Short Story: Slumbering Knowledge

Shelf upon shelf of books lay slumbering in the candle-lit evening, as if daring the lambent illumination to disturb them. Harald moved between them, tidying up after departed students and pausing every now and then to survey his domain.

The weight of the accumulated knowledge and fancy here sometimes felt enough to make the walls bow as much as the shelves did. The sturdy dark oak beams lent a sense of solidity and structure to the room – Harald sometimes found he likened it to a strong ribcage supporting the skin of the library, with the books as the internal organs without which it would have no life.

He didn’t dare mention this to his students of course, they had enough excuse to quietly mock their tutor without throwing fanciful imagery into the mix. Cadaverously thin with piercing blue eyes, he carried his nickname of ‘Mort’ with perverse pride and knew when to play to the image when correcting a student or instilling discipline. Books were rarely loaned out, but they were even more rarely returned later than agreed.

The candle light glinted off the silver quill pin symbol of office on his collar as he listened to the quiet. There were the faint noises of the building settling, joists creaking as the room cooled now there were fewer people here. He sighed, as much in relaxation as anything,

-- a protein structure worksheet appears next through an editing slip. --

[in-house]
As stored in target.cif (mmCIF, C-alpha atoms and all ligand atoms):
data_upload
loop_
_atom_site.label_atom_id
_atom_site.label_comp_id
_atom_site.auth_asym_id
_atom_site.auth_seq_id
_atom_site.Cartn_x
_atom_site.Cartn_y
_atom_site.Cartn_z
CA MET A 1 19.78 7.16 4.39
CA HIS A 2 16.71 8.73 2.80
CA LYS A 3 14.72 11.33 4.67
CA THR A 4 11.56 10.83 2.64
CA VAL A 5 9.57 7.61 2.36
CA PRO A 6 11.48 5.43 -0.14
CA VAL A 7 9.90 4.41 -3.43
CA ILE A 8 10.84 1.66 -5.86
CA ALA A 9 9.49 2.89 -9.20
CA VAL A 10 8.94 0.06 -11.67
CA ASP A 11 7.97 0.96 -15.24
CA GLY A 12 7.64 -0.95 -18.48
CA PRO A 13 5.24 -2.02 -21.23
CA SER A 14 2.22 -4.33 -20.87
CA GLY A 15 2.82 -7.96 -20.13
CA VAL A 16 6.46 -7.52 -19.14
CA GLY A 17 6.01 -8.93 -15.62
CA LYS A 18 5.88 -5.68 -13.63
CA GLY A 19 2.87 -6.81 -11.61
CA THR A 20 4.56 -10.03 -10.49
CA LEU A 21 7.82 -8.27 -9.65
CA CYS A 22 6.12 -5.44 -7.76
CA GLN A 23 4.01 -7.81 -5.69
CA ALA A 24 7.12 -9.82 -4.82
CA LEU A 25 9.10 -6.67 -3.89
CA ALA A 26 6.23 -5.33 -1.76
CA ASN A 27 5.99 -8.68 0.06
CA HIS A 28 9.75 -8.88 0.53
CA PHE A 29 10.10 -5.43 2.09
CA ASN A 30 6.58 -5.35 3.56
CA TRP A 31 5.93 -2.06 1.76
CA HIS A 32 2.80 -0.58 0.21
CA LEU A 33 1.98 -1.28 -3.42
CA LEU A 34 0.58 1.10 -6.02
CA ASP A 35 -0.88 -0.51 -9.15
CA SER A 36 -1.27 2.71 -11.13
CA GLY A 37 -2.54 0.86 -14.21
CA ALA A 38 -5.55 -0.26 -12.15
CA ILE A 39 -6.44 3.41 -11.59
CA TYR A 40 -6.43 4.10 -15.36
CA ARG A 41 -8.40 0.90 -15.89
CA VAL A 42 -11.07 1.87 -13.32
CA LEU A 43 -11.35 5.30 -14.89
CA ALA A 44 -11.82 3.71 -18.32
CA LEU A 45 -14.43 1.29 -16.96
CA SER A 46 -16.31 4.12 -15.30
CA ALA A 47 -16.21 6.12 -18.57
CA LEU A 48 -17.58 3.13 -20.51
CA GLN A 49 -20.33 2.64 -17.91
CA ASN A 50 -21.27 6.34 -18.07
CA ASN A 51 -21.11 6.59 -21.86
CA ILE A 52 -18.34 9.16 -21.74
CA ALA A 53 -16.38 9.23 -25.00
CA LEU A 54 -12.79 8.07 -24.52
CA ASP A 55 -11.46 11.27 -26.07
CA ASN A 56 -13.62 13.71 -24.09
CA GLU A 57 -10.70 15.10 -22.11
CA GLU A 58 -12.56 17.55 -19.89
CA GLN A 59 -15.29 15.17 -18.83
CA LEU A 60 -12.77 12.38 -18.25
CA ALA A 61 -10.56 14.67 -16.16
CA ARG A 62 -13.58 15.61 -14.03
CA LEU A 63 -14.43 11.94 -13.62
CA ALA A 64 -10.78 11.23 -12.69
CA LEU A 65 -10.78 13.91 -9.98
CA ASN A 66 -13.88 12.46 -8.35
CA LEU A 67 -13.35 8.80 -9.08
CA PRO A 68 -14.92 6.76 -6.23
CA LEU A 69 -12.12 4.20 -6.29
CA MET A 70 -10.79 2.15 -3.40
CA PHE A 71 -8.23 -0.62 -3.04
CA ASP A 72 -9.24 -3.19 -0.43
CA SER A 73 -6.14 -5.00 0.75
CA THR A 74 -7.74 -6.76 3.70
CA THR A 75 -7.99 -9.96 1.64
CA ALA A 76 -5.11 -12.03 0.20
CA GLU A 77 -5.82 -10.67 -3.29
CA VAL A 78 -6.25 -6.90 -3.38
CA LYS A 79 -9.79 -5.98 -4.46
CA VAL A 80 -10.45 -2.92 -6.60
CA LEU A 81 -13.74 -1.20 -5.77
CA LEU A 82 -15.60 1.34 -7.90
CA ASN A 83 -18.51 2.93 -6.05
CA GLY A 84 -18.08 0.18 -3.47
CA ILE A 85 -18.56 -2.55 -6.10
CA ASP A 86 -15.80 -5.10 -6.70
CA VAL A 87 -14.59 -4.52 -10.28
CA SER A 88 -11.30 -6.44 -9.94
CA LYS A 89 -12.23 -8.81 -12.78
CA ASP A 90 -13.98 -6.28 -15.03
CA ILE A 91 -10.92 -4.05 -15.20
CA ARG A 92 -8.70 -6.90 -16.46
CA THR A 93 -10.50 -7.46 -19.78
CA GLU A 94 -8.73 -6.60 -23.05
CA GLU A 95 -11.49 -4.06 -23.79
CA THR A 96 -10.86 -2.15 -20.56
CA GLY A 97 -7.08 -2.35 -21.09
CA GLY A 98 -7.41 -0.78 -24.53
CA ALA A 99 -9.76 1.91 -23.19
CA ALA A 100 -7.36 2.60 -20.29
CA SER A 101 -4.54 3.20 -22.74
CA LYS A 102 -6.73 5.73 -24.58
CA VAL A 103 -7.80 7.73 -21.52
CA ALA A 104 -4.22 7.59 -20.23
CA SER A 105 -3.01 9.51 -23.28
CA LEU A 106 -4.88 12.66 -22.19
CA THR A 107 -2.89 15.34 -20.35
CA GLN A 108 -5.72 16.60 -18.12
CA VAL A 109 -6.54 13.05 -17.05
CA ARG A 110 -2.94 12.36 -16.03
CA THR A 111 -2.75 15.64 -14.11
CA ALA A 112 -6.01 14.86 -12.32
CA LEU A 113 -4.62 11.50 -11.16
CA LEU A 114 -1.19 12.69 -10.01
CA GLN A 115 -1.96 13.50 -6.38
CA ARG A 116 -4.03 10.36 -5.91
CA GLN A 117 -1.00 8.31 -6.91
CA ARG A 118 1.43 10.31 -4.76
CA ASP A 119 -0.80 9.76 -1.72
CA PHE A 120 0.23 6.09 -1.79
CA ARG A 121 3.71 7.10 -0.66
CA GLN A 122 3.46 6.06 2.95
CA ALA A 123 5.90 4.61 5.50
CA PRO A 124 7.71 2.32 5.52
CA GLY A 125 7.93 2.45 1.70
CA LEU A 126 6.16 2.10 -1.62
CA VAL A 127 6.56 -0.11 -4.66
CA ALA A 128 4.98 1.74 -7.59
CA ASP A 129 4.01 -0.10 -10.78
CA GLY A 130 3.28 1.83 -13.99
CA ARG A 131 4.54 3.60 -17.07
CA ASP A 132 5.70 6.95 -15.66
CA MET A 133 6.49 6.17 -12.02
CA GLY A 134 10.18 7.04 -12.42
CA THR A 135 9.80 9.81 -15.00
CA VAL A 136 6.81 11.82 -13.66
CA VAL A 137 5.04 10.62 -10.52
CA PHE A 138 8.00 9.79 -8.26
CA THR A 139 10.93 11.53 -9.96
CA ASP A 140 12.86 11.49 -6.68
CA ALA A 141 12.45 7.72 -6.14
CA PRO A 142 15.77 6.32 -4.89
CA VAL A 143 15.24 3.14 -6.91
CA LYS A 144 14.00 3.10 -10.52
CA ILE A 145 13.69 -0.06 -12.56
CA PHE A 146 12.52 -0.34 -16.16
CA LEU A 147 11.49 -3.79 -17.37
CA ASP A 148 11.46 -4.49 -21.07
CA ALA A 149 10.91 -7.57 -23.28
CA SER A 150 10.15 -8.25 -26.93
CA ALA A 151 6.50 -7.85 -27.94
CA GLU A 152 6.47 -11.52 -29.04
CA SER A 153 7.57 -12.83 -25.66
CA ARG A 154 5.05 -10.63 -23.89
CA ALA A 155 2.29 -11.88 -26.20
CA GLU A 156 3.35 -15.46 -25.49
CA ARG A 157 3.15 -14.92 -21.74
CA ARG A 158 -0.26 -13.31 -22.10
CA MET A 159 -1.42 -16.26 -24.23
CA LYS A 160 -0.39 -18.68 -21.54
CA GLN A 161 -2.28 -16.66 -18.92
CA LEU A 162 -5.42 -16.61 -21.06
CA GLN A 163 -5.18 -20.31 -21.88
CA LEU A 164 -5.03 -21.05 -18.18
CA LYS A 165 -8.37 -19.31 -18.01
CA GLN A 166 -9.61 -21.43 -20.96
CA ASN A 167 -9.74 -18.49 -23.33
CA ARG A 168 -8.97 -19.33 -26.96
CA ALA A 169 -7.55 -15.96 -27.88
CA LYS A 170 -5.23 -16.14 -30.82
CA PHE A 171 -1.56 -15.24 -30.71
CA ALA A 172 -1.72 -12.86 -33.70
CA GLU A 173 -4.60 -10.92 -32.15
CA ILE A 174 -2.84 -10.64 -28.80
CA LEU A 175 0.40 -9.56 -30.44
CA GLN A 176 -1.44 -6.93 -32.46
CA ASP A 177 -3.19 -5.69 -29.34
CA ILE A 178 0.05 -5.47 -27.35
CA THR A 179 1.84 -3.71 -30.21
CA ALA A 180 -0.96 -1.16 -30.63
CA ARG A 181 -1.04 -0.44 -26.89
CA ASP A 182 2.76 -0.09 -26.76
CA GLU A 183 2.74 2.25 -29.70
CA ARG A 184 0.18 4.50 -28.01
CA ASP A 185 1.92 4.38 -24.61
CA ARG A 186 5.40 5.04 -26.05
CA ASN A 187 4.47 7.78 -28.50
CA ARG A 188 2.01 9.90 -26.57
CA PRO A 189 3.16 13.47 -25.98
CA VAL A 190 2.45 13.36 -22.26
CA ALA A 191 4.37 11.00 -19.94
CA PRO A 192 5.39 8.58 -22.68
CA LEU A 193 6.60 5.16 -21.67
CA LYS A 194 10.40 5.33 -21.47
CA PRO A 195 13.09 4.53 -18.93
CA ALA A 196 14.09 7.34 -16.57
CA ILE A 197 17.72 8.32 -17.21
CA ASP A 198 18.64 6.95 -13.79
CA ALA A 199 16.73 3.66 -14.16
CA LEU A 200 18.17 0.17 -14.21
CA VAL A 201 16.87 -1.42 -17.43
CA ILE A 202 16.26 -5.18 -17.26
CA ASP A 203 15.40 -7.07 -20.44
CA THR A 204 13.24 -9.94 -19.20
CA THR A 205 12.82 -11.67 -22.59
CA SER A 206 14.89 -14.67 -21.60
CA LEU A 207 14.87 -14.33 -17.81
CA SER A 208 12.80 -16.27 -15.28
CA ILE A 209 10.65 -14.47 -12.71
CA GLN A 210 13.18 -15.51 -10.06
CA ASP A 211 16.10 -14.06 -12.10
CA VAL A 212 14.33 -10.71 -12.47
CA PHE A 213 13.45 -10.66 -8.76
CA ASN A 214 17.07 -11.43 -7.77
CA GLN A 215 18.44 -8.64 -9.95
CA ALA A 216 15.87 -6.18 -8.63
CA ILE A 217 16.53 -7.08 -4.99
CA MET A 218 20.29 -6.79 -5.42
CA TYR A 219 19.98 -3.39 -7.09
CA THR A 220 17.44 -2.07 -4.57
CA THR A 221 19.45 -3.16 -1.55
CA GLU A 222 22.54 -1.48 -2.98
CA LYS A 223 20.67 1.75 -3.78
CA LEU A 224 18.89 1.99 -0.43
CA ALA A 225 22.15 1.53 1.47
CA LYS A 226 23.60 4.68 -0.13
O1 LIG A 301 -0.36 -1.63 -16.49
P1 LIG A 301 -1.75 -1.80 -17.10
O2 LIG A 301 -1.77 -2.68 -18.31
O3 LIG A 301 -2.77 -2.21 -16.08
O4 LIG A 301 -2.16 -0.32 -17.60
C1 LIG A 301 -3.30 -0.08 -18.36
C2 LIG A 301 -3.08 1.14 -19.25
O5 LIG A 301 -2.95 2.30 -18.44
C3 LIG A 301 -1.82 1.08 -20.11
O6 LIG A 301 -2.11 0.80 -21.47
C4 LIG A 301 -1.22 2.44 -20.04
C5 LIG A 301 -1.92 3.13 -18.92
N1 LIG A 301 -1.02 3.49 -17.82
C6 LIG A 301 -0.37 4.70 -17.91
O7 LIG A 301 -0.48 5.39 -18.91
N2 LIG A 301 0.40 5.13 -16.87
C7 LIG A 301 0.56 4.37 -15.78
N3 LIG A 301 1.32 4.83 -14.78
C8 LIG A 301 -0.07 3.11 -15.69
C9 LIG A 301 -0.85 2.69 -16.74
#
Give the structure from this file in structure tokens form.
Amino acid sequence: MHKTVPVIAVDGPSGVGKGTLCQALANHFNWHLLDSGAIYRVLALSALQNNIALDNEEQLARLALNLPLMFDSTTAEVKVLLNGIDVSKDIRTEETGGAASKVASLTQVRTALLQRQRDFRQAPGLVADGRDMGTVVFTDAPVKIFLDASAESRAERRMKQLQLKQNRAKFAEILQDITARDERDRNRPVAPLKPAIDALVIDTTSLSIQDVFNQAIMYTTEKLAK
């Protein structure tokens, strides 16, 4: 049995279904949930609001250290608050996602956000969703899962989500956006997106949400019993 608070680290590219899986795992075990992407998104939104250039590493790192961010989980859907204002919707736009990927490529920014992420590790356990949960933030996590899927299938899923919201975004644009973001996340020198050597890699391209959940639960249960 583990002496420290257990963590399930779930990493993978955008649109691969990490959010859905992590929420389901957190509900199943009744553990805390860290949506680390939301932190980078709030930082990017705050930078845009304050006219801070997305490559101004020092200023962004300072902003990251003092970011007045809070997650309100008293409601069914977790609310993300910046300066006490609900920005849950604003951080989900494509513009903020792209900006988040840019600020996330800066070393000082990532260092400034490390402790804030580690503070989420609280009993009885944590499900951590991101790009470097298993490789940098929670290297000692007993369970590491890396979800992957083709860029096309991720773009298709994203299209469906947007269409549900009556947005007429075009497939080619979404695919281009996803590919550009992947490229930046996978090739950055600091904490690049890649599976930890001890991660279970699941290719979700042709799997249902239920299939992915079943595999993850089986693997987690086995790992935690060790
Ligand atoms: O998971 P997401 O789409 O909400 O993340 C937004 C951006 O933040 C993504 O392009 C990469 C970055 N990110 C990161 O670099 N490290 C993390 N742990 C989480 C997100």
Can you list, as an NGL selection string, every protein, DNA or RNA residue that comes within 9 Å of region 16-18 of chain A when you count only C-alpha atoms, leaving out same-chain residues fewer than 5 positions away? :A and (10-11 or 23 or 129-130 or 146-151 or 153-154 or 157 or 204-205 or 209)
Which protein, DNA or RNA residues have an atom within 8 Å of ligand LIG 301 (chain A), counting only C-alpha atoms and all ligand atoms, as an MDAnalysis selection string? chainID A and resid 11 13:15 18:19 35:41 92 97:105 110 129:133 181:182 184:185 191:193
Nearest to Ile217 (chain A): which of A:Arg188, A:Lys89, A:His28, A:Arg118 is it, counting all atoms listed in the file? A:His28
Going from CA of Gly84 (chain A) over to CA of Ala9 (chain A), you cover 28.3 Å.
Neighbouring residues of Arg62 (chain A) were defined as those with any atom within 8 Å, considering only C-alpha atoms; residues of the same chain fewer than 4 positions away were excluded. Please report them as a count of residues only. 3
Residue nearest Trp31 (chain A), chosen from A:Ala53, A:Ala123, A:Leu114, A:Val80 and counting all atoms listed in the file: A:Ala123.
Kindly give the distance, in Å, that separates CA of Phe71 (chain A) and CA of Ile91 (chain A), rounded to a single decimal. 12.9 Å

There were times when he felt as though his role was as much a relic as the books and palimpsets in his charge. Many did not see the value in picking through the voices from the past when there were so many demands in the day; and his students sometimes had a lot of unlearning to do before they could start to take the time to read and understand what was before them.

And yet, those who graduated were among the most ardent in sending new students to him. The hierarchies outside these walls were no barrier to knowledge and the techniques he taught. He felt a pride in that which sustained him in those moments when he had to make his own candles.

Harald finished his rounds, and carefully extinguished the candles on his final circuit of the room. At last he stopped near the door and looked back at the room. It was now illuminated by the starlight from the portholes overlooking the generation ship’s prow. He nodded in satisfaction. He would soon need to appoint his replacement, but for now his charges were safe. The literature of Old Earth lived on.

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